From Greenland to Nunavut, the Arctic is teeming with life-changing experiences. In this photo story, check out some of our favourite moments from Arctic expeditions in 2022. Iconic Arctic wildlife, spectacular scenery, and incredible ice left us with memories to last a lifetime.
A warm welcome to Kalaallit Nunaat was given by Inuit cultural educators, Berda “Birdie” Larsen and Nancy “Niap” Saunders with the lighting of the qulliq. Traditionally the woman’s responsibility to tend to the flame, it provides heat, warmth, and light to cook food; it provides life. Niap invited a guest to participate in this sacred and spiritual ceremony.
Ilulissat is home to the Sermeq Kujalleq Glacier (Jakobshavn Glacier), one of the most active and fastest moving glaciers in the world, and the Ilulissat Icefjord, a UNESCO World Heritage Site fed by the glacier. We were able to get a closer look at the icefjord with a Zodiac cruise. The grey backdrop made the beautiful bluish hues of the iceberg stand out.
Disko Island, or Qeqertarsuaq in Greenlandic, means “the big island”. With plenty of land to explore, we all went our separate ways to discover its treasures. Scaling up the tundra you got a full view of the lush Arctic vista. Many stayed as long as they could to savour the magic of this island.
Lying between Baffin Island and the west coast of Greenland is Baffin Bay. Here, we navigated through a wonderland of sea ice and icebergs. The clear, blue-tinted ice was in harmony with the sky. As we drifted along the bay, a mother and two cubs were spotted cuddling on a bed of sea ice.
The sun shined bright in Sisimiut illuminating the lovely colours of the houses sitting atop its rocky shore. We enjoyed the beautiful views of this picturesque community as we walked through its small roads, mountainous backdrops, and rainbow-coloured houses.
Dundas Harbour, located on Devon Island, is the largest uninhabited island in the world. We visited the long-ago deserted RCMP station wandering around the buildings and grave sites of the RCMP officers who were stationed here so many years ago.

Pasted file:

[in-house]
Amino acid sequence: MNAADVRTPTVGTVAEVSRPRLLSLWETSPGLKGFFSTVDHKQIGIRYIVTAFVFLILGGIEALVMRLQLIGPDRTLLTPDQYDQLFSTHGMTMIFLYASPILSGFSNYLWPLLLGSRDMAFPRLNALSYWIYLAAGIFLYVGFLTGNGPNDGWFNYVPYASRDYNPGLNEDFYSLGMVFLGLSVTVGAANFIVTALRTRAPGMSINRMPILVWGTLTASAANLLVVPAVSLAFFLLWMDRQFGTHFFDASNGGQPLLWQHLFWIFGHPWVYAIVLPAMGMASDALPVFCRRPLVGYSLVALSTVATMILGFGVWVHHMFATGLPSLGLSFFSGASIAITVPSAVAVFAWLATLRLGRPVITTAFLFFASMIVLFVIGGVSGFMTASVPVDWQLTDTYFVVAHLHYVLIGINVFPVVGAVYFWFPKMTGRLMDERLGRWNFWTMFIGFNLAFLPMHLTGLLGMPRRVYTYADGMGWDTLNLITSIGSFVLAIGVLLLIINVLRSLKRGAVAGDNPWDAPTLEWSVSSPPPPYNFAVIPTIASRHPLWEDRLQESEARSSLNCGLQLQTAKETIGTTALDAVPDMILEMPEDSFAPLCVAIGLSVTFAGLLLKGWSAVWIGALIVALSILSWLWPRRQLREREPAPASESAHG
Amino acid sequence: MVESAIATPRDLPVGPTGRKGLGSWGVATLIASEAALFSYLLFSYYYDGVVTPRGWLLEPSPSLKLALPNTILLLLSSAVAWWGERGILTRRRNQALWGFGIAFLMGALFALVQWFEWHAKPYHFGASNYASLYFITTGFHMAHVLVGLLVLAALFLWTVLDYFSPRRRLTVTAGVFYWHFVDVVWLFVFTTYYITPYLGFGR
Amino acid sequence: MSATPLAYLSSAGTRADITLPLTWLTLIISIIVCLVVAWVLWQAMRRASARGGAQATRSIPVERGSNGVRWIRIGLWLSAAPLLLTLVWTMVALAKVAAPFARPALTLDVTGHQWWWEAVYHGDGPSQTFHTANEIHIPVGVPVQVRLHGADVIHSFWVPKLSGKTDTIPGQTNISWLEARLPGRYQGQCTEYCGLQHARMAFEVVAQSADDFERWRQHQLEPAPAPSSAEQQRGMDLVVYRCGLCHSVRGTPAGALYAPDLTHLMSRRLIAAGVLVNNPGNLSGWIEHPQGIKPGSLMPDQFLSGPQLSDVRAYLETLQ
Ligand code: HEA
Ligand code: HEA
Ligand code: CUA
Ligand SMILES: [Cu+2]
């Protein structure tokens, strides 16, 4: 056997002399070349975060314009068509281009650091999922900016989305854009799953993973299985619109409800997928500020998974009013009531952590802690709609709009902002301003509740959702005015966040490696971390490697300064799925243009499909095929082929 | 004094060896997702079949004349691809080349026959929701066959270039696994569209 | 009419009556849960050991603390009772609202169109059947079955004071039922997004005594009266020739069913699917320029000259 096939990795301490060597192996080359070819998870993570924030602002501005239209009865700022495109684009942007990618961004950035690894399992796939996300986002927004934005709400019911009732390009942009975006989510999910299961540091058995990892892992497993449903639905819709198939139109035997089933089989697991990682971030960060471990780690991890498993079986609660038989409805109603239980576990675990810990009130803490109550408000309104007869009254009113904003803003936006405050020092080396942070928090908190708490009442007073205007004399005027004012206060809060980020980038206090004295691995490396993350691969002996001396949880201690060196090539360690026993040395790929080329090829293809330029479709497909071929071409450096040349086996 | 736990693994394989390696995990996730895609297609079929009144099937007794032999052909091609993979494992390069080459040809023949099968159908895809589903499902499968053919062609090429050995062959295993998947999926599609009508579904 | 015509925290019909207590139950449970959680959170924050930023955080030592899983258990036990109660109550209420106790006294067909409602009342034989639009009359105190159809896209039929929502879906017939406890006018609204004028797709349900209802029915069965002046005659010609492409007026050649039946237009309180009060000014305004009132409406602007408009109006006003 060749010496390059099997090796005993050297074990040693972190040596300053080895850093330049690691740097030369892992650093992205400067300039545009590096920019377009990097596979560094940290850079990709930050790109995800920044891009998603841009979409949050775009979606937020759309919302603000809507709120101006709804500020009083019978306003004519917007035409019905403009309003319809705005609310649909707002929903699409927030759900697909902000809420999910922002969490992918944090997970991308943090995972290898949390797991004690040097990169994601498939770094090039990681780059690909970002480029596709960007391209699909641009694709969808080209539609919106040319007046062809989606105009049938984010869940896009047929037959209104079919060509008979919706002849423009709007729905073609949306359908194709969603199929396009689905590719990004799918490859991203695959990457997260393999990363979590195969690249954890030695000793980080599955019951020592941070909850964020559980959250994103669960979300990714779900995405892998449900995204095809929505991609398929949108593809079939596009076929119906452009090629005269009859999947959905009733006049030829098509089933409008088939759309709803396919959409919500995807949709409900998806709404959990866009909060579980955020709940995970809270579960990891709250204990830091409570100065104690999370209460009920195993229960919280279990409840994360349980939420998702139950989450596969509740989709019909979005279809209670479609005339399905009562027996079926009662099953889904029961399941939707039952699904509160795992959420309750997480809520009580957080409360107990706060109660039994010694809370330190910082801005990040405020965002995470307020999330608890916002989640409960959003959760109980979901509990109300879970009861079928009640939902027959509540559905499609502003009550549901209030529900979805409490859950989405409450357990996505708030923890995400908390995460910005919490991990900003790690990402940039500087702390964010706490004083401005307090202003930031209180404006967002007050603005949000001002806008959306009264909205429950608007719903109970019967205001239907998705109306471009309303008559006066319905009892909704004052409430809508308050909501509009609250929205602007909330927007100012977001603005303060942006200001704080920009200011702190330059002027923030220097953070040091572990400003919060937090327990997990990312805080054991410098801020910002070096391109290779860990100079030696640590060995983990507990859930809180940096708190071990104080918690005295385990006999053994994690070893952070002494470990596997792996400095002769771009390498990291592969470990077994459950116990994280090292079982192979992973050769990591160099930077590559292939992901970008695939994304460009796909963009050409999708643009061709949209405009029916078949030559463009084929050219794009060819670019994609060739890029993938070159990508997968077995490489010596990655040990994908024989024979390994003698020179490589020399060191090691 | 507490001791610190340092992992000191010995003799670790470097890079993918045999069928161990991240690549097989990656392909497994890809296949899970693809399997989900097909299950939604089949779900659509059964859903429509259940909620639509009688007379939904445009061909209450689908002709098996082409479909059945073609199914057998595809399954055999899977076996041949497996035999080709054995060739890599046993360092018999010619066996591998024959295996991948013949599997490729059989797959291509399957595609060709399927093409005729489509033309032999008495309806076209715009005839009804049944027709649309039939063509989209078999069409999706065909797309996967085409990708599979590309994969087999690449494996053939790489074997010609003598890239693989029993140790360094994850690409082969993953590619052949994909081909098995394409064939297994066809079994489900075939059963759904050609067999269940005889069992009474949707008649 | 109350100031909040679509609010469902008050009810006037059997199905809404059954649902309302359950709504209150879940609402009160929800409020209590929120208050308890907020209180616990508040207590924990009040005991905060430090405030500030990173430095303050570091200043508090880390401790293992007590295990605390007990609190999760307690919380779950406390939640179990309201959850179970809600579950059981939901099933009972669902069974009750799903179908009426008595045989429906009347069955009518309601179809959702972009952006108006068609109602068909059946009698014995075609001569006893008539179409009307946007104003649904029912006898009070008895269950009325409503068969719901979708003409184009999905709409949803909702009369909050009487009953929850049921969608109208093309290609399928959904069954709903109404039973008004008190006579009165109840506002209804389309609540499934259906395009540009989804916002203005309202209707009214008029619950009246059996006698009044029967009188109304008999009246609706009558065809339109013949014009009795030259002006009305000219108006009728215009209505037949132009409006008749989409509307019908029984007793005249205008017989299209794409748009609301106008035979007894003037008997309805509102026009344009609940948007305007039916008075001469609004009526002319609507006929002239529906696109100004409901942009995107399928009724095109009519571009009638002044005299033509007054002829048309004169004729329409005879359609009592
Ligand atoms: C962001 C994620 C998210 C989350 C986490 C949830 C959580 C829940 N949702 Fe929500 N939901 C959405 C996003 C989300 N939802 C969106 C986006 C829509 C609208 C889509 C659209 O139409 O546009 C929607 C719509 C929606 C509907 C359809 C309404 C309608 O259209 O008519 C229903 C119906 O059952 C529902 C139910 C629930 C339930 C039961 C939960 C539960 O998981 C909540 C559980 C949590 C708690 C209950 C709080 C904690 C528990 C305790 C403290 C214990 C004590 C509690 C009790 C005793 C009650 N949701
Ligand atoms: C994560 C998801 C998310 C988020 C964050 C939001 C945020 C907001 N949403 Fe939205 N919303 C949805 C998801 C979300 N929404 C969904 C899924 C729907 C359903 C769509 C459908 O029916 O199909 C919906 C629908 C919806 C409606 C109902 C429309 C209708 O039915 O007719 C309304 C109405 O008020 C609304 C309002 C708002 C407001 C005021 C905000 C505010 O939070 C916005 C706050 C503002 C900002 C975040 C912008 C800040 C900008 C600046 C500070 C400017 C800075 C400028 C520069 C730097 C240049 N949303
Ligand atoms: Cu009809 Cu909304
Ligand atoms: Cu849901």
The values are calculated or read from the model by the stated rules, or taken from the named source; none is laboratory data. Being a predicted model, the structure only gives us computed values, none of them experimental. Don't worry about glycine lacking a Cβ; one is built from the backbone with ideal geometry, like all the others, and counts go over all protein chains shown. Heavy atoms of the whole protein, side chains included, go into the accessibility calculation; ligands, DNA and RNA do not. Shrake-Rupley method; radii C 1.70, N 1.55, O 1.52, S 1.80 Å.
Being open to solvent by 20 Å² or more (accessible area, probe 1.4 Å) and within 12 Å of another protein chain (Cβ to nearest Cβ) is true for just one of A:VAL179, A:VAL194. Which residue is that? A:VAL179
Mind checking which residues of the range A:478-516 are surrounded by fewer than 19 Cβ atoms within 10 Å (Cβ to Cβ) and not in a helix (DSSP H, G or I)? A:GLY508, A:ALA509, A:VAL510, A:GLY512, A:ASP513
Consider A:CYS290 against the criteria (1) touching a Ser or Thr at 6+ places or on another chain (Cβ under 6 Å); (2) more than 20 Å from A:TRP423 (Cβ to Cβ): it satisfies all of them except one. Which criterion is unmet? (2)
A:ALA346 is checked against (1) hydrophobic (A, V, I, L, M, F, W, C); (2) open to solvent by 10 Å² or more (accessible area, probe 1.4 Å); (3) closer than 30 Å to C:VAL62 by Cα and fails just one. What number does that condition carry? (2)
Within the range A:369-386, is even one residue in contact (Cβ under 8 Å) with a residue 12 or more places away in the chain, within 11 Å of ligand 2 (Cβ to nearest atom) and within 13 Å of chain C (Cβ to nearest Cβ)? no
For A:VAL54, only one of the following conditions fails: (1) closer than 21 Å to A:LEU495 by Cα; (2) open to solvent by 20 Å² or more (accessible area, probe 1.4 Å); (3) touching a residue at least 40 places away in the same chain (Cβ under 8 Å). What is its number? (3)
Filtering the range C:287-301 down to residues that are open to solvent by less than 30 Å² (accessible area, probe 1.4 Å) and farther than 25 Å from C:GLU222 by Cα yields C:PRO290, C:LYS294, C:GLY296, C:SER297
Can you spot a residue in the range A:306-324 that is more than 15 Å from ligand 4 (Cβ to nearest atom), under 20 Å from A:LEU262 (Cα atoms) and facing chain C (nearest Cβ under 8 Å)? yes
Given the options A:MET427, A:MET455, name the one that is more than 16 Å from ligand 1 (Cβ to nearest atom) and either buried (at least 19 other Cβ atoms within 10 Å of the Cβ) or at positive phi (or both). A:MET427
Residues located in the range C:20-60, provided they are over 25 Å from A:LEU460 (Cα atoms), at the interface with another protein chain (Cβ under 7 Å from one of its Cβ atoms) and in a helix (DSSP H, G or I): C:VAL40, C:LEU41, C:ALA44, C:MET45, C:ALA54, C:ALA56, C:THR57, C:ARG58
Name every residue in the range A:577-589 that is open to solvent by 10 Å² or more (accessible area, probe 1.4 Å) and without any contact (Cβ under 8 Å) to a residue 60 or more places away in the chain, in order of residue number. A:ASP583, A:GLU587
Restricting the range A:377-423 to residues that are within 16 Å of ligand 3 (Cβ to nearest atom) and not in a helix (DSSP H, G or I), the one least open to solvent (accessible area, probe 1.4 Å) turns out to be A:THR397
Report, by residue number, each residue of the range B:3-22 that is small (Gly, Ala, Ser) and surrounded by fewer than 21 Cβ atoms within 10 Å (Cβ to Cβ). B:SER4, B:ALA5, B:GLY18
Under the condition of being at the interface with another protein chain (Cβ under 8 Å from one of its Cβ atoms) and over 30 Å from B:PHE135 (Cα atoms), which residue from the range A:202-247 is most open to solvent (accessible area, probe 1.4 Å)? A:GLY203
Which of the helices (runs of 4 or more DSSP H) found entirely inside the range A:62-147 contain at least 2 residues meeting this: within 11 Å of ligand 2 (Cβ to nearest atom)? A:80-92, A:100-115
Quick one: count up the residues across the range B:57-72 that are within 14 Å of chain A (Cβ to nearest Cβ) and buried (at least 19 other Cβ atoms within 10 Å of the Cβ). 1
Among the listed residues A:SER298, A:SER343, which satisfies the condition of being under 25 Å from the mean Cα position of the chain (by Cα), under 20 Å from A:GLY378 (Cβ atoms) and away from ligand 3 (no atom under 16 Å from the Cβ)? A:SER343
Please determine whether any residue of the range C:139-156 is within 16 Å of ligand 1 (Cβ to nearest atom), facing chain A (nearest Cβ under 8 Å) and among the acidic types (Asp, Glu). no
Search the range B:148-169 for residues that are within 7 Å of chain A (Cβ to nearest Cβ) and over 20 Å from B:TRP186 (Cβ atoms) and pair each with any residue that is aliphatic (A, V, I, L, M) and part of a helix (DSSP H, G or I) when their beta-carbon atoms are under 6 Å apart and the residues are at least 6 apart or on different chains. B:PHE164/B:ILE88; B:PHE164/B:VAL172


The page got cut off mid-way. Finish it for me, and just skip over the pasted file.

Just off the waters of Baffin Island, sperm whales were spotted logging and blowing. In this icy habitat where marine life flourishes, a variety of seabirds were spotted circling the ship, and on the water, a couple of bearded seals loafing on the last of the season’s ice heading out to sea.
In Croker Bay, fog rolled over shadowing the morning sun making for an eerie Zodiac cruise. The foggy mist quietly took over the Ocean Endeavour giving the impression of a science fiction scene – alone in the Arctic without a vessel in sight.
Beechey Island, where Sir John Franklin and his crews overwintered twice before disappearing off the face of the earth… almost forever (at least until his two ships, the Erebus and the Terror were found just in the last few years). Here we visited the graves of Franklin’s men and Northumberland House.
Nothing beats sailing through a fjord with a 360 view of towering mountains. The slopes of Devon Island were covered in snow. We enjoyed the stunning scenery of serene tart rock covered in a light dusting of snow, harp seals, walrus, and the plentiful species of birds as we cruised the Devon Island inlets.
Some photos in this article were taken with a telephoto (zoom) lens and may appear closer to wildlife, ice, or archaeological artefacts than we really were. We always keep a safe distance and follow mandated regulations.
Born and raised in Burlington, Ontario, Olivia currently resides in North Bay, Ontario where she enjoys the beautiful scenery and nature of northern Ontario. Her love and admiration for travel and the outdoors drew her to Adventure Canada.
Olivia's ever-growing excitement for travel has her adding to her list of destinations to explore in the future – including Italy, Greece, Thailand, and Adventure Canada’s own High Arctic Explorer expedition!